Before going budget always check the following..

  • Check the airport location (some budget airlines fly to airports that might be further out than the main airports).
  • Ensure you’ve booked & paid for any baggage. Make sure you’ve got your measurements and weights right as they can charge a hefty fee if you’re over. They’ll also charge you extra if you pay at the airport.
  • Read the fine print. Some airlines can charge you if you don’t print your own ticket or have more than the allowed pieces of hand luggage (this can include duty free).

5. Not sure where to go?

Kayak Explore is a great little tool if you’re just looking to get away for a weekend on a budget. Enter your departure city and select the month or season you want to fly. It’ll then calculate approximate costs for hundreds of destinations across the globe from your chosen departure airport. (so it turns out it’ll actually price in € if you go through their Irish site here)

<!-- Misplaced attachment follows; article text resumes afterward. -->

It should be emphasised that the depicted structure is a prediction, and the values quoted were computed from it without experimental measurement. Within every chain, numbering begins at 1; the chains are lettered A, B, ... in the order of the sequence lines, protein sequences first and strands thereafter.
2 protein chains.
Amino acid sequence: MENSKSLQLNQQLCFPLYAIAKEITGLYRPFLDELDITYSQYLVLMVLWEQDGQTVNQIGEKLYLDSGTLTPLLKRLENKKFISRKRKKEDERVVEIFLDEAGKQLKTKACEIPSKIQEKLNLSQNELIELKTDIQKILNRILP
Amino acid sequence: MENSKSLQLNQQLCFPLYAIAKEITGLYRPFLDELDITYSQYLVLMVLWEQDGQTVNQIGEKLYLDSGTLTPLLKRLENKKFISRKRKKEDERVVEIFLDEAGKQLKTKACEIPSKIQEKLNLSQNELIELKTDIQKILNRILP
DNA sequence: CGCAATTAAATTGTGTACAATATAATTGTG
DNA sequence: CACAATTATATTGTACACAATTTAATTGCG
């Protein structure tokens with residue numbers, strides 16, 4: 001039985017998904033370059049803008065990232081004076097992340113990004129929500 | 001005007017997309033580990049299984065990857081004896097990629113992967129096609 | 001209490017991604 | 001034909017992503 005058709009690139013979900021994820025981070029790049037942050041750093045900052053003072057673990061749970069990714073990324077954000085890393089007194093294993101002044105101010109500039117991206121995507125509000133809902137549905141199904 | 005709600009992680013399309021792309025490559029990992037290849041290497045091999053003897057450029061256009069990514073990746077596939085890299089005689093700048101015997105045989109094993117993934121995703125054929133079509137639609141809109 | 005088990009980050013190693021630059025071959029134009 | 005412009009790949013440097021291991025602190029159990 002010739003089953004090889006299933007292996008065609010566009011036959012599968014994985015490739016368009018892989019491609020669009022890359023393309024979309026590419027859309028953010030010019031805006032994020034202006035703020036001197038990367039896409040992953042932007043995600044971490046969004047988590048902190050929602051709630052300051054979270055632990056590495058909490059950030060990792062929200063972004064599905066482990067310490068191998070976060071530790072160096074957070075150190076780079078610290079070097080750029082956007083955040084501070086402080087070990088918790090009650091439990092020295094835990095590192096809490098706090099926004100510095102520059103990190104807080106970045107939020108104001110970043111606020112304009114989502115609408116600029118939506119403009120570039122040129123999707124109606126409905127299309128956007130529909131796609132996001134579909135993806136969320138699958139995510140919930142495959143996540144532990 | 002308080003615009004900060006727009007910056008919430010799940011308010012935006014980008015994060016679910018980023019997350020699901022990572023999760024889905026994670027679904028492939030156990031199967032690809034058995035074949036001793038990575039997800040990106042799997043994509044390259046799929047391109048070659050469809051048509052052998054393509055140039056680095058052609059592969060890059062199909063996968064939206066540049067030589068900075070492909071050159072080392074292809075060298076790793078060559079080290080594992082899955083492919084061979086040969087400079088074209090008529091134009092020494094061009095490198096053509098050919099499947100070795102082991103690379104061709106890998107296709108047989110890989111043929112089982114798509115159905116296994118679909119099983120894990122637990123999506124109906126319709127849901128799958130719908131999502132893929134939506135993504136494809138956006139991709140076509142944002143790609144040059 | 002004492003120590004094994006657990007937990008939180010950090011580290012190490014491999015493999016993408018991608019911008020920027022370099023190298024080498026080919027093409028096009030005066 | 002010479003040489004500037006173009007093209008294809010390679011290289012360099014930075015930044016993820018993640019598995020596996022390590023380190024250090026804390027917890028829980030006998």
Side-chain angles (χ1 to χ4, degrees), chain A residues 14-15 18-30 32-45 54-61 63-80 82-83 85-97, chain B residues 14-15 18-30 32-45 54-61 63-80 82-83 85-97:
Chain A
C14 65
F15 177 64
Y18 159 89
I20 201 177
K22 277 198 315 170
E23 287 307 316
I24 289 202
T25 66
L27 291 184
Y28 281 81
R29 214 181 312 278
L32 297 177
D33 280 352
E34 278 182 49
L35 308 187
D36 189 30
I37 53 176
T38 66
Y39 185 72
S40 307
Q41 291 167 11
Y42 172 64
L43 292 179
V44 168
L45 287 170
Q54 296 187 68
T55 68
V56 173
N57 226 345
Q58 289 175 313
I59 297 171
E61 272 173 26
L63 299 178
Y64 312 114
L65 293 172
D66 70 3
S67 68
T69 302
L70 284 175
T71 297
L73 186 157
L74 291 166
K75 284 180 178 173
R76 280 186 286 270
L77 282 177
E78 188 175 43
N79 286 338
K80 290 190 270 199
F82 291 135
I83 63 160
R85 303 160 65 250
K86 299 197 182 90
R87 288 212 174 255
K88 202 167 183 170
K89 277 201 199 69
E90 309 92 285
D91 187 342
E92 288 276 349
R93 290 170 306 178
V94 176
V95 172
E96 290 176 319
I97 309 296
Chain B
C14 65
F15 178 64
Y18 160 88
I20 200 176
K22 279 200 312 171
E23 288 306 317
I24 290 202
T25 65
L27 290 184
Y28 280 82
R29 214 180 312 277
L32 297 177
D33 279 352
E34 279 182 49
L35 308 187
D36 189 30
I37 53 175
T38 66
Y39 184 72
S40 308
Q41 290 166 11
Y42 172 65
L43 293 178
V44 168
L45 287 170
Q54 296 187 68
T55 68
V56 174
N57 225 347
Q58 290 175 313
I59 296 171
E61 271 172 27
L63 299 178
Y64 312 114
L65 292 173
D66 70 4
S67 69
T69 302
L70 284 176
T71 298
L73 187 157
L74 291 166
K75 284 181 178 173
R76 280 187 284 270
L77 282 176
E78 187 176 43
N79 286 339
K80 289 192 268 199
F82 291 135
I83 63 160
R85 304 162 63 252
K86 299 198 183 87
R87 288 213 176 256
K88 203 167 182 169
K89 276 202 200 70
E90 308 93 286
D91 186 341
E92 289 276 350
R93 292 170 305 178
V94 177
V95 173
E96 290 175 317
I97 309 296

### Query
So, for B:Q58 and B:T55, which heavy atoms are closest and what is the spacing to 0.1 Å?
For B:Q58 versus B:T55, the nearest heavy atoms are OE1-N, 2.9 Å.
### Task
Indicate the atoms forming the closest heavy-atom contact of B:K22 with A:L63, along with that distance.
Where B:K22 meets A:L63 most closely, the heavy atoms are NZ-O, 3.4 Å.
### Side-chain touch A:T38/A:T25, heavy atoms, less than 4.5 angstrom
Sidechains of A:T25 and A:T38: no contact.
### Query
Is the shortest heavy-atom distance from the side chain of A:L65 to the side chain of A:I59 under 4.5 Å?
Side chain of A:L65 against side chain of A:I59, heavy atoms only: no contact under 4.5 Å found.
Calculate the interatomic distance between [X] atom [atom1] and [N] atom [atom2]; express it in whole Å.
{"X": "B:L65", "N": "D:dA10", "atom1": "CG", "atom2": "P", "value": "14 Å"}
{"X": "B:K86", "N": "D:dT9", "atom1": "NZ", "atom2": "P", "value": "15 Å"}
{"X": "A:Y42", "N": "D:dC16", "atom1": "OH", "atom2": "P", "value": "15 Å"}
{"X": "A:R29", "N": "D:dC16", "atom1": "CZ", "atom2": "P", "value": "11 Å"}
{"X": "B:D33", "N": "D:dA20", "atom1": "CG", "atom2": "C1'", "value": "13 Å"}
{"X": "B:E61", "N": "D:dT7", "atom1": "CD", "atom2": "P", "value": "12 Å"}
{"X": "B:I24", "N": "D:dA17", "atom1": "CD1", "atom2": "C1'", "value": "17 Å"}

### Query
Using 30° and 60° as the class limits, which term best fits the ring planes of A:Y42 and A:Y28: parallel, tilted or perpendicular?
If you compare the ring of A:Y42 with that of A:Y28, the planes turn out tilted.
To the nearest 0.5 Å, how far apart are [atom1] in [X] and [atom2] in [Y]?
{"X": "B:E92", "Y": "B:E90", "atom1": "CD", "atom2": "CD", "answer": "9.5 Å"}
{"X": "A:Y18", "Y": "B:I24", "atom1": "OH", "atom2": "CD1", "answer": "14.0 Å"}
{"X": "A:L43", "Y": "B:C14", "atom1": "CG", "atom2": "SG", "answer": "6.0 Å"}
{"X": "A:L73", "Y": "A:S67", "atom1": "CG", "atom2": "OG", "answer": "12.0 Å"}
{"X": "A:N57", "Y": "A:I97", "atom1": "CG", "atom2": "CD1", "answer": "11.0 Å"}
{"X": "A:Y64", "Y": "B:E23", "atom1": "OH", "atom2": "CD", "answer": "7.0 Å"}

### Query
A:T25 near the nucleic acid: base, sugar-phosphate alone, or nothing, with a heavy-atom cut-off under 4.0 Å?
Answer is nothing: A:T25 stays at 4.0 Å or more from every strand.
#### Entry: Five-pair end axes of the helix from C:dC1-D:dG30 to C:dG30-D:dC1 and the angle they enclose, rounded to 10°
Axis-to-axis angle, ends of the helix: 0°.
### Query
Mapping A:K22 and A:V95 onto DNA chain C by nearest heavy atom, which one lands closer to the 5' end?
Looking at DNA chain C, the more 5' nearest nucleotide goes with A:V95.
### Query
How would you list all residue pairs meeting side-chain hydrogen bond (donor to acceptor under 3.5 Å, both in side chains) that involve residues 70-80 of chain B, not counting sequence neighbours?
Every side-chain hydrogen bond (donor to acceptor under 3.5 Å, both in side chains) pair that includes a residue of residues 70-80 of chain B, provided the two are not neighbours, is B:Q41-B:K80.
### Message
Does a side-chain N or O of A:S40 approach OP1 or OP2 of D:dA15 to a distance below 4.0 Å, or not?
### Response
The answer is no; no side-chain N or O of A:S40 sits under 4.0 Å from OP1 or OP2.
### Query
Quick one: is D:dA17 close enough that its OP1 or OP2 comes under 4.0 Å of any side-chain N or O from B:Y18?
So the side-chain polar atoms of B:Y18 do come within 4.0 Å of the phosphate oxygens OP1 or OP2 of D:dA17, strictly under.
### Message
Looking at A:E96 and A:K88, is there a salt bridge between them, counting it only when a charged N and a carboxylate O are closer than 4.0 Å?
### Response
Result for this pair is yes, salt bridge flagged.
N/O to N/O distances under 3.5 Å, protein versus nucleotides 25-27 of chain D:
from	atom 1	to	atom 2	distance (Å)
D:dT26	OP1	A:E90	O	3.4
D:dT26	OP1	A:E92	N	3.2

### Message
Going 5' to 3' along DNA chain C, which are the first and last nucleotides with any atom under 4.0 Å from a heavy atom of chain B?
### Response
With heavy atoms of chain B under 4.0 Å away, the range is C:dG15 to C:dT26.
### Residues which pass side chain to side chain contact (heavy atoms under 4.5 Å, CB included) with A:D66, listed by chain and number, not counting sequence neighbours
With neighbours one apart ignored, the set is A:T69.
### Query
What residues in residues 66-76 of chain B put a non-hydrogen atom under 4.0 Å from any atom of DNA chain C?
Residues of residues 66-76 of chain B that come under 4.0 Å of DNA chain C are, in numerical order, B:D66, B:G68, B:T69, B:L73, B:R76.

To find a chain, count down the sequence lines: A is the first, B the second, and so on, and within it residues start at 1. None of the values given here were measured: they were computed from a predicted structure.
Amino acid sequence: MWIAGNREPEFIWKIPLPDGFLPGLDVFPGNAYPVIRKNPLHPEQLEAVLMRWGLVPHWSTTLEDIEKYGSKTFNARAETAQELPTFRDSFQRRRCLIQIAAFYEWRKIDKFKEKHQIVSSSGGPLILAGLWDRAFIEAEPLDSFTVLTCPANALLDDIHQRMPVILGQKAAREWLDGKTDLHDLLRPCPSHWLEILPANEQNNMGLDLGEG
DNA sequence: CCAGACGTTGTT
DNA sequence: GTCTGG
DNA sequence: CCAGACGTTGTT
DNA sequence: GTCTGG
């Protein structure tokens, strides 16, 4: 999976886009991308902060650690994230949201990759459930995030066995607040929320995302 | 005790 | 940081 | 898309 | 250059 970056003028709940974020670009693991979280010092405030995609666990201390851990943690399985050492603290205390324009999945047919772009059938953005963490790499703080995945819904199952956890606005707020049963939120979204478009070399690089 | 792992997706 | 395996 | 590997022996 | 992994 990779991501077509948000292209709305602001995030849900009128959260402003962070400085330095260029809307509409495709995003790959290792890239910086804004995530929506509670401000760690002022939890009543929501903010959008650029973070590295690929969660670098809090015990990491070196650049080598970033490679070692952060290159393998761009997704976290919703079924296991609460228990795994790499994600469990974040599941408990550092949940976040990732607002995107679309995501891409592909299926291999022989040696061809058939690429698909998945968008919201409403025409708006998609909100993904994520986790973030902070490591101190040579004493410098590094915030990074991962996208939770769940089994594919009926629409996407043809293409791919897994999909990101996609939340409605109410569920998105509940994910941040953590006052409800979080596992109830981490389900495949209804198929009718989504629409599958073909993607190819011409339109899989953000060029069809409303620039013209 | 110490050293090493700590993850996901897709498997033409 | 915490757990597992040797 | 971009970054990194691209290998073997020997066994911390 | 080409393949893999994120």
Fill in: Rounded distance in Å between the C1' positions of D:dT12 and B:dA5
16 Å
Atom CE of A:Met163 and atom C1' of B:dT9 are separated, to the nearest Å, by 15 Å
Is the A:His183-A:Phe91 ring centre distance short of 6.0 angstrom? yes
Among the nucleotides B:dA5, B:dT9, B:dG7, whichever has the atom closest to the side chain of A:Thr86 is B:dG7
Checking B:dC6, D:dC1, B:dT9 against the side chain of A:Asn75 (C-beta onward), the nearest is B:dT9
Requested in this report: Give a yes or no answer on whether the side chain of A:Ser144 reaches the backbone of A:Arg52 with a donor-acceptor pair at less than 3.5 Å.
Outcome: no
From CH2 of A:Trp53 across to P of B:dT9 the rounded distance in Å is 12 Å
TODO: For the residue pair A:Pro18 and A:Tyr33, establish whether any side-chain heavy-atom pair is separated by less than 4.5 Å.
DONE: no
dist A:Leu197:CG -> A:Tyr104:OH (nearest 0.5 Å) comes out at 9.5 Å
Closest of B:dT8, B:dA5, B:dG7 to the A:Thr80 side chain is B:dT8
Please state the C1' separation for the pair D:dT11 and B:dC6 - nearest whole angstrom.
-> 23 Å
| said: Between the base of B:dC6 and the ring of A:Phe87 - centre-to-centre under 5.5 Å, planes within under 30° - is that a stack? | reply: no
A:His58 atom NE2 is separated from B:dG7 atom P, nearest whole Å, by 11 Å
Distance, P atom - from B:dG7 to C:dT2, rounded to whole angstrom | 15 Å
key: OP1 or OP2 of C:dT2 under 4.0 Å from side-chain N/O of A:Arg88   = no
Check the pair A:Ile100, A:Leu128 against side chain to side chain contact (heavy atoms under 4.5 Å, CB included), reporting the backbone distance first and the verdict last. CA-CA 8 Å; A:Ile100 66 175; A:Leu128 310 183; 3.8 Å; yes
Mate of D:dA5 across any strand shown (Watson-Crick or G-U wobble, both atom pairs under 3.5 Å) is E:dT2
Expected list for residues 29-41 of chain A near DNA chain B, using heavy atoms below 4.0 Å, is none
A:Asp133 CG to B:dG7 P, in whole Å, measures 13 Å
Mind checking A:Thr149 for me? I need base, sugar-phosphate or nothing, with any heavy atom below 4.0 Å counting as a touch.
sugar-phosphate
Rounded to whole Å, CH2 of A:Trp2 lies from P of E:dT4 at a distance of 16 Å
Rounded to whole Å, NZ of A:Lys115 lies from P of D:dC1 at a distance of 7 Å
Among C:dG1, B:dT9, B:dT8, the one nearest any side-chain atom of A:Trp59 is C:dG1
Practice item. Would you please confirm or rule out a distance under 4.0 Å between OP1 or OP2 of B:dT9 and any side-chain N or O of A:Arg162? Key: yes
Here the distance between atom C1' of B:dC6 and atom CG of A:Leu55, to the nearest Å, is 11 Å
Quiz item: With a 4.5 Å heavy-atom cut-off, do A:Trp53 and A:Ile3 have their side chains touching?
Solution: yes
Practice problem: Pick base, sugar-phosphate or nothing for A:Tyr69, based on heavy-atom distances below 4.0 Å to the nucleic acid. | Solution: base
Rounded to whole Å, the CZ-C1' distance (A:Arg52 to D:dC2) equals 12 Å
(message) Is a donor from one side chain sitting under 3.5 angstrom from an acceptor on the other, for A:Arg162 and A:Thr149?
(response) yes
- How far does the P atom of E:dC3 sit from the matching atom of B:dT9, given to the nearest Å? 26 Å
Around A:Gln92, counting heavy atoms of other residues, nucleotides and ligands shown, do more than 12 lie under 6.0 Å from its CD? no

Kayak explore map showing the cheapest European destinations from Dublin. It can be used to find cheap flights.

6. Don’t leave it until the last minute

Airline tickets usually don’t get cheaper as your departure date approaches. Airlines will usually split prices into fare buckets, as once one sells out the next one will open, usually at a slightly higher price. If you know where you’re going and have your dates nailed down, book it, waiting on a sale that may never appear is never the best choice.